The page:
Every year, at about this time, it happens.
I step out of the house, or out of a store, or glance up from my phone. I look around. And for some reason, it’s unusually quiet. It seems a little odd, almost. The normal bustle and hassle of day-to-day life seems to have receded. In its place there is quiet.
And then I remember. The holidays are here. It’s Thanksgiving.
I’ve celebrated Thanksgiving for over fifty years. I have paused for the holiday during wars, recessions, natural disasters, good times, bad times. Like everyone, I have grieved for those I lost, and celebrated those newly arrived. I pause, of course, to spend time with the people I love, to stuff myself (and one memorable year, watch Mr. Simarprit Singh, good friend from India, experience both his first Thanksgiving and his first post-Thanksgiving food coma), to watch football, fall asleep on the couch, listen to drunk relatives (occasionally that’s me) talk nonsense (again) and do everything that goes along with one of the best holidays ever. Nobody doesn’t love Thanksgiving.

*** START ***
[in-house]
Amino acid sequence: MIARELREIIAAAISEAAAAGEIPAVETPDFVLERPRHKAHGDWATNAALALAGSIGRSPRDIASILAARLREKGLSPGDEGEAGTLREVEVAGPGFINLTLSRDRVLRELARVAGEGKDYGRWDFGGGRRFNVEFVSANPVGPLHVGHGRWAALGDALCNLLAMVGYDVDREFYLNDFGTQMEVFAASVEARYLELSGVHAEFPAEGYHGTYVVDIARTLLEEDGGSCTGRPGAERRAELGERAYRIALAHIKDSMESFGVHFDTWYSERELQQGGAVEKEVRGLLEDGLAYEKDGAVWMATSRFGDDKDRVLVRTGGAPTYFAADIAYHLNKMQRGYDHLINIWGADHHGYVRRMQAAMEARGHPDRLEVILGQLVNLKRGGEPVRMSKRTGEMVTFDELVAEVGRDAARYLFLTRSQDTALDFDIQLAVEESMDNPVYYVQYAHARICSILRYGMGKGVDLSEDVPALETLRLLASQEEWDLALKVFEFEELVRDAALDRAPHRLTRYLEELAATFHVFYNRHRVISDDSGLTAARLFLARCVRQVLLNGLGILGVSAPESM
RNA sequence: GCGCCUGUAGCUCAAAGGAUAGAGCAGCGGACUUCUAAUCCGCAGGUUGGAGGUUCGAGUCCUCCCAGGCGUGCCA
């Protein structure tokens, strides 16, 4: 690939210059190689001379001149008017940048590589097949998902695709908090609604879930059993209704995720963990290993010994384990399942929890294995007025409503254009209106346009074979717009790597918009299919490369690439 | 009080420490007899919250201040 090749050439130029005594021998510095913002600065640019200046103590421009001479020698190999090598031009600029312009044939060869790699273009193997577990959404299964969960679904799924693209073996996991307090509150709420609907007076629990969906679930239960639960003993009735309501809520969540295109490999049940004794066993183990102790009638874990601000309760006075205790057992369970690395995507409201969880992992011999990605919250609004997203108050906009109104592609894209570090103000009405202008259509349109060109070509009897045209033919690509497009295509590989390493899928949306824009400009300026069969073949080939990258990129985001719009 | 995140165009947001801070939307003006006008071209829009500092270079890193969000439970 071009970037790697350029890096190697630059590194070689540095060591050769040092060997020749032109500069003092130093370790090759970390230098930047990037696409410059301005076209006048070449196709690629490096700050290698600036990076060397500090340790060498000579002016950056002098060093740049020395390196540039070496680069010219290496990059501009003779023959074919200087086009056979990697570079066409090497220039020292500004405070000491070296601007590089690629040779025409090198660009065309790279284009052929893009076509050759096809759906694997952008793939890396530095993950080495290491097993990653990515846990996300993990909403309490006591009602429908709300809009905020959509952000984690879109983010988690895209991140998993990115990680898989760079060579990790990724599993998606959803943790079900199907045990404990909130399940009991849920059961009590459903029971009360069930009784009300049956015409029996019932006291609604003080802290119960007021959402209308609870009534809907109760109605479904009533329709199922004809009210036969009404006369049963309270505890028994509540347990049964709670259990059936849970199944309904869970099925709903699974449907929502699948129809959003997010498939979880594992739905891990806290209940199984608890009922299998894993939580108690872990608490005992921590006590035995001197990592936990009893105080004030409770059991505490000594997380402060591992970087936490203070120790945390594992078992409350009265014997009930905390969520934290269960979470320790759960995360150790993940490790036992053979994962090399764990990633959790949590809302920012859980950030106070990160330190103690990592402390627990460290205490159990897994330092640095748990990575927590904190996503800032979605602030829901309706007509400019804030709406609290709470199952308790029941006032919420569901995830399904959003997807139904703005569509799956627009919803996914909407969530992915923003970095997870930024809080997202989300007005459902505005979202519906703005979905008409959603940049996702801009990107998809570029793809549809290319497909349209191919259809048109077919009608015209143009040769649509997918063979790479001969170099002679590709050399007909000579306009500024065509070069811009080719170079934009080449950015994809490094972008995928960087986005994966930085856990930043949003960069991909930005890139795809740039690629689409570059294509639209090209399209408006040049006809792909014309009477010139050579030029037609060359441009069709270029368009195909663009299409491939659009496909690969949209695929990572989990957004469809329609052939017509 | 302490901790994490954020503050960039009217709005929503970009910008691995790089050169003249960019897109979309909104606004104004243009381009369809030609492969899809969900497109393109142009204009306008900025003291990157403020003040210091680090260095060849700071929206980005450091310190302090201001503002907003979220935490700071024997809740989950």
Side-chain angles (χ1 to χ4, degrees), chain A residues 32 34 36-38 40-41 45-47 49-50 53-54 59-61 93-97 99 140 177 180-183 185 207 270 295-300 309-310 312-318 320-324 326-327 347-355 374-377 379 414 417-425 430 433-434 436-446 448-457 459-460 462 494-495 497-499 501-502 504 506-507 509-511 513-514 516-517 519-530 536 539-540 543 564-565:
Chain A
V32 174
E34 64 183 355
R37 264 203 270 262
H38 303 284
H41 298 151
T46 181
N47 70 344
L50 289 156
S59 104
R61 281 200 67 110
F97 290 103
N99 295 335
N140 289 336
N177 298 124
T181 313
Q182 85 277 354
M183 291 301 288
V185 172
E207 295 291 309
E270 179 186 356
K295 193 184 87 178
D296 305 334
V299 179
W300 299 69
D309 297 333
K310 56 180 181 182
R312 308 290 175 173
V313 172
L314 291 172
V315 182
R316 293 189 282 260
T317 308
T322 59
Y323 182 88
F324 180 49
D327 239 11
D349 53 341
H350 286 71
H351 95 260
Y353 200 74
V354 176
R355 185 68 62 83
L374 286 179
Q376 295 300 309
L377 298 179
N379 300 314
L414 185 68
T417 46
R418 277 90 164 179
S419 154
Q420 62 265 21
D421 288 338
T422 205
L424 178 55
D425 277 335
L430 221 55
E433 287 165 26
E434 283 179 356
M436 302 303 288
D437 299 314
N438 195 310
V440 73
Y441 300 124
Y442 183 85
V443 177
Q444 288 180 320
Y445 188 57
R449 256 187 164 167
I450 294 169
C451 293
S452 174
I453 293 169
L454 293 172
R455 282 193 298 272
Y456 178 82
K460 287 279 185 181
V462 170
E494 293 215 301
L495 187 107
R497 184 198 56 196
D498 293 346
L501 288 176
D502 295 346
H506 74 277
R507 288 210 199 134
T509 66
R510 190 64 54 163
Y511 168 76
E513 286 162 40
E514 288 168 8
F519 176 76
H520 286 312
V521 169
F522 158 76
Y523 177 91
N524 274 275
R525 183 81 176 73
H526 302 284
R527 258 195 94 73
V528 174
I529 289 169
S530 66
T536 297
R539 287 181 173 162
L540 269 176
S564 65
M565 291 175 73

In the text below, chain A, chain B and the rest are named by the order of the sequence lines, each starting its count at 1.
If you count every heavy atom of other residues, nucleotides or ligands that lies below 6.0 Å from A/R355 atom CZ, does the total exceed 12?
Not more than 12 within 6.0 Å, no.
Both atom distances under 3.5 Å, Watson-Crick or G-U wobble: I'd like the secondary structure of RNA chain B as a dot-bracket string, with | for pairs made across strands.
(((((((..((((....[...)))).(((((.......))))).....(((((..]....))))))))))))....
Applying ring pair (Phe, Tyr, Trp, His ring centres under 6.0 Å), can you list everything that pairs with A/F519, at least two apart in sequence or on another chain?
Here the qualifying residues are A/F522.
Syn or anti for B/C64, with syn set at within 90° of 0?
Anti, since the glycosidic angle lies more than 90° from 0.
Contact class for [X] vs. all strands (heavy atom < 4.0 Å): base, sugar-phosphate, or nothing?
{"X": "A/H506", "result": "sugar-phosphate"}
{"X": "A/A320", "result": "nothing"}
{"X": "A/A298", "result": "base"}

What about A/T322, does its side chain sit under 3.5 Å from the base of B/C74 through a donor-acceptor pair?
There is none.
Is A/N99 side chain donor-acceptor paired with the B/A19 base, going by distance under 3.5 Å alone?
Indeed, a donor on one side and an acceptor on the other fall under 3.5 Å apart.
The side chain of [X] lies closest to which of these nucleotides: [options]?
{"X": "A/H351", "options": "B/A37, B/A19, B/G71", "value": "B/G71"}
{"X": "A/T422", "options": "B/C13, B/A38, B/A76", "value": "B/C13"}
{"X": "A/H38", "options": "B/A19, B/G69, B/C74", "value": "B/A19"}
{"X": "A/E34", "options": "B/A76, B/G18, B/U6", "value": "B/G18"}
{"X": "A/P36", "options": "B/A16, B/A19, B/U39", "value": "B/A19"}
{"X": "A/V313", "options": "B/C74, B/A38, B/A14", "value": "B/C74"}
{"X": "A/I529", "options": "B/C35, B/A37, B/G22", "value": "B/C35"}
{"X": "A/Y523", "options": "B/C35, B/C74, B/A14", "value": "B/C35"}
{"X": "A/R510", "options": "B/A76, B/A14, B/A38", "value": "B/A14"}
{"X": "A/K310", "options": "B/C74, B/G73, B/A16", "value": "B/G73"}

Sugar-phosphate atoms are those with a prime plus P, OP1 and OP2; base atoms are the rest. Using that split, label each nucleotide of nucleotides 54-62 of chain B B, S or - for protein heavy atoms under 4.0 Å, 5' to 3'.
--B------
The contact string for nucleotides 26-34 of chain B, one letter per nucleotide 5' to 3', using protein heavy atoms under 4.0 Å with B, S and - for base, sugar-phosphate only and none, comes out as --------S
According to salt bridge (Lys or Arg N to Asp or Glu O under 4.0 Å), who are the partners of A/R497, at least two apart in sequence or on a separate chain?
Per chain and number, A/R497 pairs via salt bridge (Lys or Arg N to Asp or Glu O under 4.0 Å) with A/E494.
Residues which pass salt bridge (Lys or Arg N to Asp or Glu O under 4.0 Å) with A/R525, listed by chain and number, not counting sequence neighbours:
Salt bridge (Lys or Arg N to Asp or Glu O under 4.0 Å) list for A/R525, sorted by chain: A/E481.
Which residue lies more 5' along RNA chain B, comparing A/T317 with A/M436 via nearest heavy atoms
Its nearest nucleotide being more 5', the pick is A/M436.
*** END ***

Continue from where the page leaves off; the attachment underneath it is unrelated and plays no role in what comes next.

But, as I should, I also need to pause to remember all the blessings that have been showered down upon me, and to be grateful for them. I think this is important.
Above all, I am grateful for my daughters, who are a miracle I don’t deserve in any way, but have been blessed with. I am grateful for my family (especially my mother, who I’m on a plane racing to see as I write this), my friends, and the warm circle of people who care about me (another undeserved blessing) that surrounds me, lifts me up and reminds me of what’s actually important. I am grateful for my clients, who put their trust in me and my work. I am grateful for the resilience to absorb setbacks and get back up, for the perspective that comes with experience, and for the talent at putting words together that endlessly fascinates me, and has never let me down. And I am grateful for the opportunity to be aware of all these things, and to celebrate them. The mere fact of being human, alive, healthy and free is an unbelievable gift.
In the 1930s, the famous gossip columnist Walter Winchell used to address his daily radio program “from border to border and coast to coast and to all the ships at sea.” I like the idea of that.
Whoever you are, whatever you believe in and wherever you are, if you’re reading this, I wish you a wonderful Thanksgiving – one of peace, plenty and a little time to reflect on everything you’re thankful for, too.
Even if you’re on a ship at sea.